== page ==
A Texas motorcycle stuntman will get a chance to make his dreams become a reality after he placed the winning bid of nearly $1 million for the rights to jump a gaping Idaho canyon once attempted by Evel Knievel.
Big Ed Beckley, 63, of Bridgeport, Texas, bid $943,000 to the Idaho Department of Lands for the rights to recreate Knievel's Snake River Canyon jump on the 40th anniversary of his attempt, he told ABCNews.com.
But unlike Knievel, he hopes he will be successful in the death-defying feat.
"What inspired me to get into this auction and do this jump over the canyon is because I was a huge Evel Knievel fan," he said. "I wanted to do the canyon because of a couple of different reasons. One, it hasn't been done. And I want to do it, I feel like it's going to be a huge opportunity."
Beckley said he placed the winning bid to conquer the approximately 1,600-foot-wide canyon made of volcanic rock on Friday. While he didn't plan on bidding so high, he said he couldn't back down once it got down to the wire.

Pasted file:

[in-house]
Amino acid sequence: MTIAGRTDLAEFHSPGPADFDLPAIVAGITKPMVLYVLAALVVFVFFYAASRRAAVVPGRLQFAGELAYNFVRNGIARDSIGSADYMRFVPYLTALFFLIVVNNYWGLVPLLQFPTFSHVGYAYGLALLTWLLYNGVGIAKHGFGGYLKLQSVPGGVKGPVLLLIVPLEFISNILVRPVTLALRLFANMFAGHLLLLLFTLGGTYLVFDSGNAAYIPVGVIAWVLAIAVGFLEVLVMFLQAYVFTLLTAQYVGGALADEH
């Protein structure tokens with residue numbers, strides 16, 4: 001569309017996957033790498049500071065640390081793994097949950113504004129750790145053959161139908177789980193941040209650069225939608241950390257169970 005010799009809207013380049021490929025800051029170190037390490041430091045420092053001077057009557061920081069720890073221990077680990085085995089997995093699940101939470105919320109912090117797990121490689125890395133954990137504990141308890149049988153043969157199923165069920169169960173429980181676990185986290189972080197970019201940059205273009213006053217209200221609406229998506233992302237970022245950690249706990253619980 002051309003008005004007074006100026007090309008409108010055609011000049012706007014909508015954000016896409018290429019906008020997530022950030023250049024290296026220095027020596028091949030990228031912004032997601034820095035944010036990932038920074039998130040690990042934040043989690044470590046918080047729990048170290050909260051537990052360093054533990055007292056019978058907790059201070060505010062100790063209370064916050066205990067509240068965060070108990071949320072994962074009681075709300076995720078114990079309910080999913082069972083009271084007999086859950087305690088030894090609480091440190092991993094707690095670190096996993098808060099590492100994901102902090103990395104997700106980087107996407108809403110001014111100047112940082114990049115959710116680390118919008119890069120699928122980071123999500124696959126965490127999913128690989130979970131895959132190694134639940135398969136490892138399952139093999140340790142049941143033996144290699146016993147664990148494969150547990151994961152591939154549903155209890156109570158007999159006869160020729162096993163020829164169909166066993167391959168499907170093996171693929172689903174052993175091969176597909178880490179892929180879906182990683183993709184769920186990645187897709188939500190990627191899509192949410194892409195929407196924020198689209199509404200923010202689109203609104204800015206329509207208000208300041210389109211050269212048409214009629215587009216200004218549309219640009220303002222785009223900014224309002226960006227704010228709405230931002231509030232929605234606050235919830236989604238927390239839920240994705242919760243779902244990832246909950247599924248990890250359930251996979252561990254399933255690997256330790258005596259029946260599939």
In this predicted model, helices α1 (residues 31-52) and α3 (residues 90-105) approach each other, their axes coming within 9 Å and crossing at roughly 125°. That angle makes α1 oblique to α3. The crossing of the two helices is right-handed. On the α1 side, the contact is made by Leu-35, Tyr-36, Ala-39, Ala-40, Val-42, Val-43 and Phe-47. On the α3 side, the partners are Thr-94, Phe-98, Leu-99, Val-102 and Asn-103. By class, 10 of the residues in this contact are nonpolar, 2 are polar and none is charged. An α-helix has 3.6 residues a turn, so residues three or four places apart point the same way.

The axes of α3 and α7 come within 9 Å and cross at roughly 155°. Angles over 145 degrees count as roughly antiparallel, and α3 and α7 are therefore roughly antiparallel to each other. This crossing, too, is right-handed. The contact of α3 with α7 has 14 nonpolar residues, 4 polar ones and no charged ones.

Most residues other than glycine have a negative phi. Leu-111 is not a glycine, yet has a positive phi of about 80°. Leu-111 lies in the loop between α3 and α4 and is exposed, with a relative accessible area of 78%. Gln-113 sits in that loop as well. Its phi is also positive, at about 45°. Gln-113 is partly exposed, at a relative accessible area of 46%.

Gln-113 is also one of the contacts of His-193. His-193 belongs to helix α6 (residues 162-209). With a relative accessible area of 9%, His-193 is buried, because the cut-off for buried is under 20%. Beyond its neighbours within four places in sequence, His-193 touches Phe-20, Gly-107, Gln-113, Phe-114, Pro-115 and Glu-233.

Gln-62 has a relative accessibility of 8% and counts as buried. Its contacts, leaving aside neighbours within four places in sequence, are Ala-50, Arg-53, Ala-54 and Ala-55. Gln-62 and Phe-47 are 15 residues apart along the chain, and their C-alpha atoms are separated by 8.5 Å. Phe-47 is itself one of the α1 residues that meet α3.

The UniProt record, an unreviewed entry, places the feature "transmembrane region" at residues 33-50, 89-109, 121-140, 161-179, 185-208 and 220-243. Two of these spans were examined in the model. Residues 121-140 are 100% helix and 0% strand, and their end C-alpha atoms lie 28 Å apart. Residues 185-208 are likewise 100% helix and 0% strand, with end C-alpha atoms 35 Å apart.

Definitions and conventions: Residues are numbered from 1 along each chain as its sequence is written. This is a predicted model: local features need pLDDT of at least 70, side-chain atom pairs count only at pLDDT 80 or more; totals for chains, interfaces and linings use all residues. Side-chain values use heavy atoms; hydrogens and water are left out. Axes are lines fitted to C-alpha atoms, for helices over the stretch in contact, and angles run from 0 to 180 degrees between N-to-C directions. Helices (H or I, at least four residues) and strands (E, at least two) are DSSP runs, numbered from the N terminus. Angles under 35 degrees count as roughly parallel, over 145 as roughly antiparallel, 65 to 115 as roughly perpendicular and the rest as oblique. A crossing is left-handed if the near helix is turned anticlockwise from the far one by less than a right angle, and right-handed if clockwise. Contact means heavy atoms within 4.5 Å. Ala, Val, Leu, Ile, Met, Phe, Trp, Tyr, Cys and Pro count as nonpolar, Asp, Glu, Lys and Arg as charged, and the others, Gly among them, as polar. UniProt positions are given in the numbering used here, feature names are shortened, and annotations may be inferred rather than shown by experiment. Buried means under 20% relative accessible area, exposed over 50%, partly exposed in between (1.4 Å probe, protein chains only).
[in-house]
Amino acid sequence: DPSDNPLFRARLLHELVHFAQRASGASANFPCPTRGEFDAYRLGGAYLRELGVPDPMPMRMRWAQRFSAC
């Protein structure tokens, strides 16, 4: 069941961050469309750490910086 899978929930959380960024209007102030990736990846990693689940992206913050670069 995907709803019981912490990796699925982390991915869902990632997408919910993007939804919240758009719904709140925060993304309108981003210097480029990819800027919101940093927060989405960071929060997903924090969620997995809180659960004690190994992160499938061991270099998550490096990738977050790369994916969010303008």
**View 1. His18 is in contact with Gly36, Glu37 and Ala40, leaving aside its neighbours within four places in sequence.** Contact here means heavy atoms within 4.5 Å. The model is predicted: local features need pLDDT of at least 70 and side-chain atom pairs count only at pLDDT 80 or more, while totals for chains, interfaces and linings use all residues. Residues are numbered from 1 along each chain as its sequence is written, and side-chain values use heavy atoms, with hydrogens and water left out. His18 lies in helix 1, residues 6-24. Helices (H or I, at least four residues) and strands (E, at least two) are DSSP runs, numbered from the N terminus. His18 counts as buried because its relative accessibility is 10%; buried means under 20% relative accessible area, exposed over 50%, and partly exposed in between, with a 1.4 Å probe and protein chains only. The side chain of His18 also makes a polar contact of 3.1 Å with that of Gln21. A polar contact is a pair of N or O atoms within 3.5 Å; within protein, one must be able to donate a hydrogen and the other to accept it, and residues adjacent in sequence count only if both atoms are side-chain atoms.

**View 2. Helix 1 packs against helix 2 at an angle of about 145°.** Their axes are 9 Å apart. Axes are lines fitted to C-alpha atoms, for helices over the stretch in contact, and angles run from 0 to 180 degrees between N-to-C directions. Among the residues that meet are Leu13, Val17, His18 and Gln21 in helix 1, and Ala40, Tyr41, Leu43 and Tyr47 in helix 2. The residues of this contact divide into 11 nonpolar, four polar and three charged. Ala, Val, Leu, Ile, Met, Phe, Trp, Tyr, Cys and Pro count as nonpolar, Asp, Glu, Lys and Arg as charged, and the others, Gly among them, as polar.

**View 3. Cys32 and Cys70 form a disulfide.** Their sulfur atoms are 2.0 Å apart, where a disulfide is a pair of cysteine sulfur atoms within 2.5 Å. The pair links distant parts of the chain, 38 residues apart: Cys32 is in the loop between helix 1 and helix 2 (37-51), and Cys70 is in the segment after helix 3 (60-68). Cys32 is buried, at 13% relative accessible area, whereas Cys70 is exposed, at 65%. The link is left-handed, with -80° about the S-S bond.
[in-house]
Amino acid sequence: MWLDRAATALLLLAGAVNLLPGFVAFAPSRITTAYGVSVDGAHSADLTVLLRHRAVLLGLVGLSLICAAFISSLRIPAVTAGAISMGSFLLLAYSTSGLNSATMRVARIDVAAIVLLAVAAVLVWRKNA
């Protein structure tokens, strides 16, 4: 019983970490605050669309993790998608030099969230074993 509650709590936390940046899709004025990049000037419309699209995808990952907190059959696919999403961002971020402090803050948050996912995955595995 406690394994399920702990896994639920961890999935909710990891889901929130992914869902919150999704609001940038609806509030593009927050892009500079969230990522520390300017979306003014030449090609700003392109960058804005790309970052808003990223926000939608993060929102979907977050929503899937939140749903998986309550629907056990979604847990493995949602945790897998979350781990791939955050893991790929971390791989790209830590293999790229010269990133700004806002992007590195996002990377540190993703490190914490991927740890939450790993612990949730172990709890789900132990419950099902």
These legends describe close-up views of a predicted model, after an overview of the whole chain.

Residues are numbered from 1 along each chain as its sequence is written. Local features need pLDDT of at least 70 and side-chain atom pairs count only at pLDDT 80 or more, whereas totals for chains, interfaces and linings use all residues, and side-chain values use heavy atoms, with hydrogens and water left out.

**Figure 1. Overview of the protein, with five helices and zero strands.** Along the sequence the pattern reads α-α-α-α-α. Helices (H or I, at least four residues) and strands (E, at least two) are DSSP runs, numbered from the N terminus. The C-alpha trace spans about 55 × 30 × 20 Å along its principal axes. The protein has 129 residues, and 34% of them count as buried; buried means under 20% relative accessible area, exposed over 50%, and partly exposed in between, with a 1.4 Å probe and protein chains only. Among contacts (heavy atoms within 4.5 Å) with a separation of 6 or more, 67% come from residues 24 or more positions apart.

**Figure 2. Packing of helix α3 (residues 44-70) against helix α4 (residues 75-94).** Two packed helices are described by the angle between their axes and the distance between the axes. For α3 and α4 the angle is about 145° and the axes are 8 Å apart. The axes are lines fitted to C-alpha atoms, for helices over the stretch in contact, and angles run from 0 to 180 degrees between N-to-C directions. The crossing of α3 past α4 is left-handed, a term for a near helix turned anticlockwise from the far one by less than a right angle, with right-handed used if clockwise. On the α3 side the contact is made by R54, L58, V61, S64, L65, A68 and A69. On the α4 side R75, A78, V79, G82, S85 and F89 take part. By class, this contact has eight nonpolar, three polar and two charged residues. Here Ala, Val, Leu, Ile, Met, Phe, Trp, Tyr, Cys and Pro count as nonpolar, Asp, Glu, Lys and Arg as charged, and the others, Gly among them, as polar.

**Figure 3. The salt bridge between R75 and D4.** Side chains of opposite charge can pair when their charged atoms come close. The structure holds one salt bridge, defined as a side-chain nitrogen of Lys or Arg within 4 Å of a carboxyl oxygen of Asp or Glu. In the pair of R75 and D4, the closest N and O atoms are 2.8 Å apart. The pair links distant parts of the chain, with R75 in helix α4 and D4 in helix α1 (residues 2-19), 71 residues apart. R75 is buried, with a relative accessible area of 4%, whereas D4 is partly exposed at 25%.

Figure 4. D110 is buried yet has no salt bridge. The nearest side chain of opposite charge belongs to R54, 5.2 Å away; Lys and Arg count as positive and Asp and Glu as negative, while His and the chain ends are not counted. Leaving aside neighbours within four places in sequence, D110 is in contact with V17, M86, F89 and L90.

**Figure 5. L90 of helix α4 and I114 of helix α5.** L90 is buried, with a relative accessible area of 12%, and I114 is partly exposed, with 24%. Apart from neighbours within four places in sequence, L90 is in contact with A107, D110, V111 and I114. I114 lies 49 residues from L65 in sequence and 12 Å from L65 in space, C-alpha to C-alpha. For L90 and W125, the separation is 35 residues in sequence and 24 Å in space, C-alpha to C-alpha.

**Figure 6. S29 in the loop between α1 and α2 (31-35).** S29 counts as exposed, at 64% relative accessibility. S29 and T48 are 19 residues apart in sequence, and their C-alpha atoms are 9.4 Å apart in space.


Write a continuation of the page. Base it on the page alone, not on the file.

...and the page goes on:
"My cutoff had a one on the front of it," Beckley said. "I wasn't going there, but my girlfriend kept hitting me in the leg and said, 'Don't stop now, we have to win this thing.'"
Known as the "world's largest motorcycle jumper," Beckley's big bid earned him a two-year lease on the state land near Twin Falls, Idaho.
"It takes a year to do one of these things," he said. "We still have lots of hoops to jump through and a lot of government entities that have their hand out."
In addition to paying out the winning bid, Beckley must also pay $25,000 a year to the Idaho Department of Lands for the duration of his lease, have $10 million in commercial liability insurance and fork over a share of the event's revenue to the state, The Associated Press reported.
The daredevil said he and a team of engineers have already started working on the rocket-powered motorcycle stunt and even have a date in mind for the launch. Beckley said he hopes to ride on Sept. 7, 2014 -- just one day before the 40th anniversary of Knievel's unsuccessful attempt.
In order to prepare, Beckley and his team are planning simulations and gravity tests to ensure his super-charged bike is up for the task.
"When Knievel started to do this, he was going to use a rocket-powered motorcycle to go off this dirt mound, but then he got talked out of it when he changed engineers," he said. "I want to be in control. I do not want to be a passing pilot sitting in a rocket that I have no idea what to do with.
"I know how to ride, I've beeng riding since I was 10 years old. That part I got," Beckley said. "What happens when I get off that take-off ramp, that's what happens next."